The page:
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Conference Paper: Implied FOE from form influences human heading perception

TitleImplied FOE from form influences human heading perception
Authors
Issue Date2008
PublisherAssociation for Research in Vision and Ophthalmology. The Journal's web site is located at http://wwwjournalofvisionorg/
Citation
The 2008 Annual Meeting of the Vision Sciences Society (VSS 2008), Naples, FL., 9-14 May 2008. In Journal of Vision, v. 8 n. 6, p. 1161 How to Cite?
AbstractThe present study examines the influence of structured form information on human heading perception. Random-dot kinematograms (100 light-increment dots) were used to generate expanding optic flow (70.1°H × 70.1°V) with a focus of expansion (FOE) at −15°, 0° and 15° from the display center. Form signals were introduced into the stimulus by assigning each dot in the display a partner dot to form a dipole of a particular local orientation. Dipoles were configured to produce a radial “Glass” pattern implying a “form” FOE at −20°, −10°, 0°, 10° and 20° from the display center. The stimulus thus affords that for certain configurations form and motion information each indicates a different FOE. Observers were asked to fixate on a cross in the center of the display and clicked a mouse button to start a trial. The stimulus was displayed for 1.5 sec and observers were required to indicate their perceived heading direction along a horizontal line in the display center using a mouse-controlled probe. For 10 observers (8 naïve), for flow patterns with a motion FOE at the display center (0°), the judged heading is shifted towards the implied form FOE from the Glass pattern with a bias equivalent to a weighting of approximately 0.3. For flow patterns with a motion FOE at 15° to the left or right of the display center, a systematic effect was evident only when motion and form FOE were in same direction. No such effect was observed with anti-Glass patterns, possibly due to a weaker association between opposite-polarity dots forming dipoles. Form information plays an important role in human heading perception from optic flow. The findings are consistent with a computational procedure that weights and averages form and motion estimates of heading.
Persistent Identifierhttp://hdl.handle.net/10722/110107
ISSN
2015 Impact Factor: 2.341
2015 SCImago Journal Rankings: 1.042

 

DC FieldValueLanguage
dc.contributor.authorCheng, CKJen_HK
dc.contributor.authorKhuu, KSen_HK
dc.contributor.authorLi, Len_HK
dc.date.accessioned2010-09-26T01:51:28Z-
dc.date.available2010-09-26T01:51:28Z-
dc.date.issued2008en_HK
dc.identifier.citationThe 2008 Annual Meeting of the Vision Sciences Society (VSS 2008), Naples, FL., 9-14 May 2008. In Journal of Vision, v. 8 n. 6, p. 1161en_HK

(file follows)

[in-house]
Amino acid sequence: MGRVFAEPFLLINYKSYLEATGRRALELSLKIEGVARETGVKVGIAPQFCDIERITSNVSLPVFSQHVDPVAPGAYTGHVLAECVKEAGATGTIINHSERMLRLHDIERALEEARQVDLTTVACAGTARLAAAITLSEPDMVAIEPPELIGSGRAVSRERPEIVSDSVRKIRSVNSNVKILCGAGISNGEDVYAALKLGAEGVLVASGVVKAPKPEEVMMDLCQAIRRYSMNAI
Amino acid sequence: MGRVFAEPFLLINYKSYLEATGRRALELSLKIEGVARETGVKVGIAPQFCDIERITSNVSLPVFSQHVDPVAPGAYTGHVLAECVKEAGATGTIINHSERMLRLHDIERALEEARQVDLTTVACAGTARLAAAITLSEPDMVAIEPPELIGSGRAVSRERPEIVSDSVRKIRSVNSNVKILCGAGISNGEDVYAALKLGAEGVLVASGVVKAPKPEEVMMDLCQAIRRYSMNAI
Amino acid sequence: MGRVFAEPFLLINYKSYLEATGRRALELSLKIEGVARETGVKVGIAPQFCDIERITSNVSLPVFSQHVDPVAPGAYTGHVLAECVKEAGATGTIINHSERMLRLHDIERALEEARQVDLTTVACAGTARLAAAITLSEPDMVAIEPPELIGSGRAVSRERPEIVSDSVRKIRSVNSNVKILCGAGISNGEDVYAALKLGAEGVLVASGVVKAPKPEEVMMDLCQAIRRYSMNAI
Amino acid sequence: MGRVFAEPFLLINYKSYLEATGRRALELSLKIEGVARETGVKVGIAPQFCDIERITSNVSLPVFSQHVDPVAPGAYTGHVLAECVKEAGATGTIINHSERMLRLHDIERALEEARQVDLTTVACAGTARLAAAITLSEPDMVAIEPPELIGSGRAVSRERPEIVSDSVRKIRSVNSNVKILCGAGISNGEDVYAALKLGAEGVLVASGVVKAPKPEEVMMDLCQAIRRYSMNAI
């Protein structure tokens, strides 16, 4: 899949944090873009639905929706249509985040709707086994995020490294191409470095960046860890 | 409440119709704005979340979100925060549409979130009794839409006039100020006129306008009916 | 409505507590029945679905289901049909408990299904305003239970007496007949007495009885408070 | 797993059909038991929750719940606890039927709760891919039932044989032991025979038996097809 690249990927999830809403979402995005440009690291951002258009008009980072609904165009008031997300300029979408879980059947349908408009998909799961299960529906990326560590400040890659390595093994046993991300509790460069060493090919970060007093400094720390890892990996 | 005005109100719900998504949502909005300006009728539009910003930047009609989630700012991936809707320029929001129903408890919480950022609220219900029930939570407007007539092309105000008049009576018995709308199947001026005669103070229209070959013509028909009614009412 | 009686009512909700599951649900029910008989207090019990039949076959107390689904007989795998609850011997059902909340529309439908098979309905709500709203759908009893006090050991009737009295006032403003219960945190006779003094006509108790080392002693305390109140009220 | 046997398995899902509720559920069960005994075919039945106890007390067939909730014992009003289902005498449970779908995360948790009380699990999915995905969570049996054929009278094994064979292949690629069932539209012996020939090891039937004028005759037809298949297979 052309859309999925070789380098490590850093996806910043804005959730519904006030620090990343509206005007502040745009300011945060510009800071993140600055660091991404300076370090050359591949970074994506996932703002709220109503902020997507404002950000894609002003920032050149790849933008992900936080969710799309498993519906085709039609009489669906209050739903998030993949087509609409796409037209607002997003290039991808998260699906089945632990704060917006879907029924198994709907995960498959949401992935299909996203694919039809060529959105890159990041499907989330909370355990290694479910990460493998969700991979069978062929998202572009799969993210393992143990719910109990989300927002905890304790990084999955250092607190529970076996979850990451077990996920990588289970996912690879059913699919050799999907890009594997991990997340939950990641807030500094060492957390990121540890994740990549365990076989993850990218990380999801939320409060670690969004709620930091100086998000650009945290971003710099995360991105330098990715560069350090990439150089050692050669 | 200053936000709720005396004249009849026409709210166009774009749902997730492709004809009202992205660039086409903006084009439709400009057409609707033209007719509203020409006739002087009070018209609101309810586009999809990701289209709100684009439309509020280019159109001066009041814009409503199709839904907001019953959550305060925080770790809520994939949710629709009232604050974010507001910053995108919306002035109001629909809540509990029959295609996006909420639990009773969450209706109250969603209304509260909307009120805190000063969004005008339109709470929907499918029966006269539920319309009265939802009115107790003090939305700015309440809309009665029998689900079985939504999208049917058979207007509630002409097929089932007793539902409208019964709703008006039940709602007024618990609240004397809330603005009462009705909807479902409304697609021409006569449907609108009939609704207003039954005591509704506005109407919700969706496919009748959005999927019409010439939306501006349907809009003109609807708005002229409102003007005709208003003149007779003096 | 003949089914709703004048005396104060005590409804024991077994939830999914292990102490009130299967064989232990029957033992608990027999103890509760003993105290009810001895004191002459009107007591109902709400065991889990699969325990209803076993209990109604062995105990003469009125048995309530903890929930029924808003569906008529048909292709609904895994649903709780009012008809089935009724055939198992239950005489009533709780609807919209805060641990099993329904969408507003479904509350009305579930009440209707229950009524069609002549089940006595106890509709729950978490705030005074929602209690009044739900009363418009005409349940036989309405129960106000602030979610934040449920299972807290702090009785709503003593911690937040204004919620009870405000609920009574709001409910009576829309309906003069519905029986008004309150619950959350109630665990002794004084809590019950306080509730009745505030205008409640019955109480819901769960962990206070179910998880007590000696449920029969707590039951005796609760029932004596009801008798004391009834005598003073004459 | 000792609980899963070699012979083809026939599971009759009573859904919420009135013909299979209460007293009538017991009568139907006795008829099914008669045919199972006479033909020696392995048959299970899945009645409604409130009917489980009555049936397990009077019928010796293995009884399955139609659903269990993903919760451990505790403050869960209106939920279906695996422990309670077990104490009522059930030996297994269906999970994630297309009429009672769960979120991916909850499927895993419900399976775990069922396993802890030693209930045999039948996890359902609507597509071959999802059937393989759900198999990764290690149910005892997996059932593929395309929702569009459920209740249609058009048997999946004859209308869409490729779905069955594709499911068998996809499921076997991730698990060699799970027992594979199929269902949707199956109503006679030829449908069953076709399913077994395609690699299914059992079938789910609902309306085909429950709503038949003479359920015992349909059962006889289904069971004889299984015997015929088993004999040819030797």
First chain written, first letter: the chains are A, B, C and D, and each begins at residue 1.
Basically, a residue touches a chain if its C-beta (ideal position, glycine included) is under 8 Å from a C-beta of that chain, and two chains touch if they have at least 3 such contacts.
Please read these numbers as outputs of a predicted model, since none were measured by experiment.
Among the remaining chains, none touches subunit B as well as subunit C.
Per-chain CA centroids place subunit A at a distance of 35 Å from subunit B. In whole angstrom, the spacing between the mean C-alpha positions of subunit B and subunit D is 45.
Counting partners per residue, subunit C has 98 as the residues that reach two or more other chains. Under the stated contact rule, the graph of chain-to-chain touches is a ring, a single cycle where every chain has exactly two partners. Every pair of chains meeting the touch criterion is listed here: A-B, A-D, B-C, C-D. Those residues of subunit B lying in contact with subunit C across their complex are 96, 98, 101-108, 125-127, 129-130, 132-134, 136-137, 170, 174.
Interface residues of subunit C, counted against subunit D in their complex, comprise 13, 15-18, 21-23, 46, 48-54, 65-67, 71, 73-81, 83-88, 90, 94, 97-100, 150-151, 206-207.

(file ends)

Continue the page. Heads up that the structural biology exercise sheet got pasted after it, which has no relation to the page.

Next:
dc.identifier.issn1534-7362en_HK
dc.identifier.urihttp://hdl.handle.net/10722/110107-
dc.description.abstractThe present study examines the influence of structured form information on human heading perception. Random-dot kinematograms (100 light-increment dots) were used to generate expanding optic flow (70.1°H × 70.1°V) with a focus of expansion (FOE) at −15°, 0° and 15° from the display center. Form signals were introduced into the stimulus by assigning each dot in the display a partner dot to form a dipole of a particular local orientation. Dipoles were configured to produce a radial “Glass” pattern implying a “form” FOE at −20°, −10°, 0°, 10° and 20° from the display center. The stimulus thus affords that for certain configurations form and motion information each indicates a different FOE. Observers were asked to fixate on a cross in the center of the display and clicked a mouse button to start a trial. The stimulus was displayed for 1.5 sec and observers were required to indicate their perceived heading direction along a horizontal line in the display center using a mouse-controlled probe. For 10 observers (8 naïve), for flow patterns with a motion FOE at the display center (0°), the judged heading is shifted towards the implied form FOE from the Glass pattern with a bias equivalent to a weighting of approximately 0.3. For flow patterns with a motion FOE at 15° to the left or right of the display center, a systematic effect was evident only when motion and form FOE were in same direction. No such effect was observed with anti-Glass patterns, possibly due to a weaker association between opposite-polarity dots forming dipoles. Form information plays an important role in human heading perception from optic flow. The findings are consistent with a computational procedure that weights and averages form and motion estimates of heading.-
dc.languageengen_HK
dc.publisherAssociation for Research in Vision and Ophthalmology. The Journal's web site is located at http://wwwjournalofvisionorg/en_HK
dc.relation.ispartofJournal of Visionen_HK
dc.titleImplied FOE from form influences human heading perceptionen_HK
dc.typeConference_Paperen_HK
dc.identifier.openurlhttp://library.hku.hk:4550/resserv?sid=HKU:IR&issn=1534-7362&volume=8&issue=6&spage=1161&epage=&date=2008&atitle=Implied+Foe+From+Form+Influences+Human+Heading+Perceptionen_HK
dc.identifier.emailKhuu, KS: skhuu@HKUCC.hku.hken_HK
dc.identifier.emailLi, L: lili8816@gmail.comen_HK
dc.identifier.authorityLi, L=rp00636en_HK
dc.description.naturelink_to_OA_fulltext-
dc.identifier.doi10.1167/8.6.1161-
dc.identifier.hkuros143194en_HK
dc.identifier.volume8en_HK
dc.identifier.issue6en_HK
dc.identifier.issue6-
dc.identifier.spage1161en_HK
dc.identifier.epage1161-

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